Jean Arp was a central figure in the European artistic avant-garde during the first half of the 20th century. Few artists were more influential in the development of early Twentieth Century modern art.
Arp was well-trained. Beginning when he was 14 years old, he studied at the École des Arts et Métiers in Straßburg. He later studied at the Kunstschule in Weimar, Germany as well as the Académie Julian in Paris (as did George Elmer Browne and Stanley William Hayter).
In 1912, when he was in his mid-20s, Arp visited Wassily Kandinsky in Munich. Kandinsky encouraged Arp and together they participated in a group of expressionists artists known as Der Blaue Reiter. But Arp’s flirtation with expressionism was short-lived. During World War I, Arp took refuge in Switzerland where he became a founder of Dadaism. Later yet, he would later be instrumental in the emergence of constructivism (a realm of greater rationality and ordering than was found in surrealism and Dadaism).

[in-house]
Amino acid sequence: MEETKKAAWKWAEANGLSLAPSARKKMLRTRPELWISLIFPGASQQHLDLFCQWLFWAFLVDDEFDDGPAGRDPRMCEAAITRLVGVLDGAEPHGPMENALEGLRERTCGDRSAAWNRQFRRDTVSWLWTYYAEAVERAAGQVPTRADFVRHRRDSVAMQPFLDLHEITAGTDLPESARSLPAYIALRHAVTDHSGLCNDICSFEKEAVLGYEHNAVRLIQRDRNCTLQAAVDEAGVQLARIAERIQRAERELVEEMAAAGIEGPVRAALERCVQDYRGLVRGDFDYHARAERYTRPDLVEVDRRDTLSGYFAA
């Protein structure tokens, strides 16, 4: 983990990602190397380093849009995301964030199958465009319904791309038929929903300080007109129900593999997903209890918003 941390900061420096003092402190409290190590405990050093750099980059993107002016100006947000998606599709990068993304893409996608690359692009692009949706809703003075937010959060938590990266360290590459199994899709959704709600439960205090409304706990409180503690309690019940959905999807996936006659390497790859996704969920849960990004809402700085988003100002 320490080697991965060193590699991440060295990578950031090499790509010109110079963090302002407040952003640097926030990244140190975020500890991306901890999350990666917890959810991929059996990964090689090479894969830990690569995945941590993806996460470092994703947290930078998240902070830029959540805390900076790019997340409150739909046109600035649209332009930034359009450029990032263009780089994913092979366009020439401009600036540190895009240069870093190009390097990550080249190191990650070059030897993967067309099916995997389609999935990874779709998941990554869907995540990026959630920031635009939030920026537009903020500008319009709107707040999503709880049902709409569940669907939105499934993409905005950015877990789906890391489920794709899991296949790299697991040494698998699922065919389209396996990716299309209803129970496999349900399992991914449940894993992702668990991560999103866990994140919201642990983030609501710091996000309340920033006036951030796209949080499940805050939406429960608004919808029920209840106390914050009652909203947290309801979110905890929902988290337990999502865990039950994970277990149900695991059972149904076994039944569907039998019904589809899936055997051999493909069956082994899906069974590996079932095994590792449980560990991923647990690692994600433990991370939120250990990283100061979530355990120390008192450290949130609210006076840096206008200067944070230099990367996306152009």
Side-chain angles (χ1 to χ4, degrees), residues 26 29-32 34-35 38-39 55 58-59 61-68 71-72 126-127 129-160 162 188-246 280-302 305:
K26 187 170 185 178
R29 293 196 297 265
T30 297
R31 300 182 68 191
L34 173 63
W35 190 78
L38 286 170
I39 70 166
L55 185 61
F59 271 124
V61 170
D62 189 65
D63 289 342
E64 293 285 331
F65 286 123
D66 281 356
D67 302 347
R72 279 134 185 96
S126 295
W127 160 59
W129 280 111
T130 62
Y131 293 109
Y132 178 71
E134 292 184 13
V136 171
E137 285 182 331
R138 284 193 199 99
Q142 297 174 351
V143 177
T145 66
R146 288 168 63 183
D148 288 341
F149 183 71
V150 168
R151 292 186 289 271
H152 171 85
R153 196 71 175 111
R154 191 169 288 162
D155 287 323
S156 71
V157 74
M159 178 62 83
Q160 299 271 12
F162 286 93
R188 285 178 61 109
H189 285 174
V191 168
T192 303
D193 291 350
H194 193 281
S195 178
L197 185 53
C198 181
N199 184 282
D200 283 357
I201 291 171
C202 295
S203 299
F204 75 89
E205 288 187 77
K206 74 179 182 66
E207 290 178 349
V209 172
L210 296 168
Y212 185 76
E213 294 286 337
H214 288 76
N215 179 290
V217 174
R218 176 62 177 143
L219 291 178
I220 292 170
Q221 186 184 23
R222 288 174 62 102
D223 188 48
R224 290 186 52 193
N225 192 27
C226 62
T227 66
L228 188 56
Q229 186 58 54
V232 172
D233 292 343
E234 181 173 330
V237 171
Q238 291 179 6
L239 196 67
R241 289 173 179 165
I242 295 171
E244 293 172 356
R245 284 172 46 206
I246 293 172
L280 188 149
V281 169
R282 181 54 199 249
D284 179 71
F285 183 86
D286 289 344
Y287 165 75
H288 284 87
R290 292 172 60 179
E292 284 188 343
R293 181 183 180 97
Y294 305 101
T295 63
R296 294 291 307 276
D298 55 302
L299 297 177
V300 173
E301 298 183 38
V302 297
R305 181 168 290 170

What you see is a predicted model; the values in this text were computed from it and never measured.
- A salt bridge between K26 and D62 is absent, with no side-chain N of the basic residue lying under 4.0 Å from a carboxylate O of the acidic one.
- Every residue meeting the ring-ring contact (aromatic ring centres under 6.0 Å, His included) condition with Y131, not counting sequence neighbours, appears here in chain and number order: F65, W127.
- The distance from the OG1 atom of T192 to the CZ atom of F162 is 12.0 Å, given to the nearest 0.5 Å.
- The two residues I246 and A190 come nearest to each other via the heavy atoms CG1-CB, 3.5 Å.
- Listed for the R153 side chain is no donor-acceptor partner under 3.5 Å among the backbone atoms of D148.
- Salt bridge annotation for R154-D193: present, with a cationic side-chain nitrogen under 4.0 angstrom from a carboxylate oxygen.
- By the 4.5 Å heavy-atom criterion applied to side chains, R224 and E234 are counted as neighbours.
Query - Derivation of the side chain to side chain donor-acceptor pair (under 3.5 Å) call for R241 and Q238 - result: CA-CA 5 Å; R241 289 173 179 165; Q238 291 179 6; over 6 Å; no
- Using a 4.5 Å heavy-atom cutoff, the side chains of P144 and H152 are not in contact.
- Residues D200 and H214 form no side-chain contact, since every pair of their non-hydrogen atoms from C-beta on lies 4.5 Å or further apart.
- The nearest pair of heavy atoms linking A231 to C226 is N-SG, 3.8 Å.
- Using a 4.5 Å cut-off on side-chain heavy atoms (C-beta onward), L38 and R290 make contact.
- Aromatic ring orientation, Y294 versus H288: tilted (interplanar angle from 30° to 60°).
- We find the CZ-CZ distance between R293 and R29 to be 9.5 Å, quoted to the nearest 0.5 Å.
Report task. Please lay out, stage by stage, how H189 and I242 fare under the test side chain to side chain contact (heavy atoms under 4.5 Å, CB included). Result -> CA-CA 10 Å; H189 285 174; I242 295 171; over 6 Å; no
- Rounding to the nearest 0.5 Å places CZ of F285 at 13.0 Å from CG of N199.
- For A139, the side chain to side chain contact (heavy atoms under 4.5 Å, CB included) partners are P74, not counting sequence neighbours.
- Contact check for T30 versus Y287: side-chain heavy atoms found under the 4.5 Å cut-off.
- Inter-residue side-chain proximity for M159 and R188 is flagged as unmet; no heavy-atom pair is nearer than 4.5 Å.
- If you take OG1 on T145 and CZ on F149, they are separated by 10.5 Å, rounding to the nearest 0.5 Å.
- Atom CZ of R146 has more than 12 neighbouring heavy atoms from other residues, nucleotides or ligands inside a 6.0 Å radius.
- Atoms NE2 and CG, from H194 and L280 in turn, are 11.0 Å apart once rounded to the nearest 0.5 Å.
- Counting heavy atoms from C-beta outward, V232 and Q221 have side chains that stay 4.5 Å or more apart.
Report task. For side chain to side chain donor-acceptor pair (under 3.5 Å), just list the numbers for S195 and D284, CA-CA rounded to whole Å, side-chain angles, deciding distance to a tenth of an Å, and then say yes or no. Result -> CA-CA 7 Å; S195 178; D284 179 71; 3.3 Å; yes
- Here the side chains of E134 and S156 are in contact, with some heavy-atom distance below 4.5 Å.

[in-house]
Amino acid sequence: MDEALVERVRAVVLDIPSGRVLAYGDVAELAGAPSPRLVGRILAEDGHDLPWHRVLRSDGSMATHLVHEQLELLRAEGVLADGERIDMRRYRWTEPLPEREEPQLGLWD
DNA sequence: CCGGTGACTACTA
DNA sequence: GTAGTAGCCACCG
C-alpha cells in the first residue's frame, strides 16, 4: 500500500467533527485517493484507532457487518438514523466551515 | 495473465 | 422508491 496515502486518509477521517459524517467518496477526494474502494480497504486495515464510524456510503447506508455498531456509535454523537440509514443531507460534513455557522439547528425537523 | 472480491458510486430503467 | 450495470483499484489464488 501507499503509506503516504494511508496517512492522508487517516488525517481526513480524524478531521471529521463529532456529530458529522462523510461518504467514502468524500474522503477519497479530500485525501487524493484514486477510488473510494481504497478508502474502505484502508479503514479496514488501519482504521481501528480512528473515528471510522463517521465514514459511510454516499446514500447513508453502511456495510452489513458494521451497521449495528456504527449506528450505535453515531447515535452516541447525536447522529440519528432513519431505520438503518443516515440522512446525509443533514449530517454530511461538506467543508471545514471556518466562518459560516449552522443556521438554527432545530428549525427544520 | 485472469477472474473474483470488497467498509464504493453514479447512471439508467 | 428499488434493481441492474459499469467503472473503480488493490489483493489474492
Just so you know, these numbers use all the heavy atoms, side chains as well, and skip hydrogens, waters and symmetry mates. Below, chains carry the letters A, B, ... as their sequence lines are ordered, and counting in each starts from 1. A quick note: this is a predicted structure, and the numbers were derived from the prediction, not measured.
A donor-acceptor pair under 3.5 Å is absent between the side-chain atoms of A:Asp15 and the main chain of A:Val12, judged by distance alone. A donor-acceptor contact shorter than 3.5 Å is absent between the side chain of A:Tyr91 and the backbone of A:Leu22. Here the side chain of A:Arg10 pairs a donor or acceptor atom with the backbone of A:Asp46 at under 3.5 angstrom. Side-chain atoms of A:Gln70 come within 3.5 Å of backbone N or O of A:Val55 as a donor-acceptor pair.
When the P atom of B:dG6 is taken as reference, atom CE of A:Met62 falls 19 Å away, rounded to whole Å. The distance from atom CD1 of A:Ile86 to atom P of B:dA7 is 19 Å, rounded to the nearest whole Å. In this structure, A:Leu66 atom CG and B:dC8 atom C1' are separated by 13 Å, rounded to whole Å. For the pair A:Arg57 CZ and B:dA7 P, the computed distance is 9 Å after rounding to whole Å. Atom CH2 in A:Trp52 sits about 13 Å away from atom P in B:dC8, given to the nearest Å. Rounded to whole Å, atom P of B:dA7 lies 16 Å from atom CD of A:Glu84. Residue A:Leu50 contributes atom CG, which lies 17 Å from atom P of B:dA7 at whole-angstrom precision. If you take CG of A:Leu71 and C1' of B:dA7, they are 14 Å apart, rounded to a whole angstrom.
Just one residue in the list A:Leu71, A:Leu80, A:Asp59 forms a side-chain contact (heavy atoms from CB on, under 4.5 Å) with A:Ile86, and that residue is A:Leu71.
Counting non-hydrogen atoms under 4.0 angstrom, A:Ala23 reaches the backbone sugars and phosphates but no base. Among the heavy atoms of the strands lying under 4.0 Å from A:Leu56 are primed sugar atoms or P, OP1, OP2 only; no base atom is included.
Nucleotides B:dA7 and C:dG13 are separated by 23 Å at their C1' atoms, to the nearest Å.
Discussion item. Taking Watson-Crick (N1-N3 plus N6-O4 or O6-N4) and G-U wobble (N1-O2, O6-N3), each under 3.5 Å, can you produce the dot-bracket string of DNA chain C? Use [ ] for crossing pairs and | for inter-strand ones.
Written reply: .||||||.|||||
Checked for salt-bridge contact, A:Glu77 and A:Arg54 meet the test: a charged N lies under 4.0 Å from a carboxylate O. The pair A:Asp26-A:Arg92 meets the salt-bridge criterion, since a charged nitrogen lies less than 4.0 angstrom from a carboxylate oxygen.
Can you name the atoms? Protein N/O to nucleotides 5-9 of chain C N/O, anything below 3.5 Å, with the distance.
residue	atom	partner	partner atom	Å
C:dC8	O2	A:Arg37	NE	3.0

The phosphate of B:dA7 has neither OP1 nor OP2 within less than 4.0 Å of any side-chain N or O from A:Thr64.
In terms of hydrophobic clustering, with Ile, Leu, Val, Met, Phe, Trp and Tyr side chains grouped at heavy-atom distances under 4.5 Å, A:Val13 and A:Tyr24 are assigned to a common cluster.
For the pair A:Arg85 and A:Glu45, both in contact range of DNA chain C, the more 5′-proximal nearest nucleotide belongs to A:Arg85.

Arp remained enormously influential throughout the first half of the Twentieth Century; few artists played such an instrumental role in so many of the expressions of modernism that emerged and merged in the journey to abstraction and modern art.
Arp was highly decorated. He won the Grand Prize for sculpture at the 1954 Venice Biennale, a sculpture prizes at the 1964 Pittsburgh International, the 1963 Grand Prix National des Arts, the 1964 Carnegie Prize, the 1965 Goethe Prize from the University of Hamburg, and then the Order of Merit with a Star of the German Republic.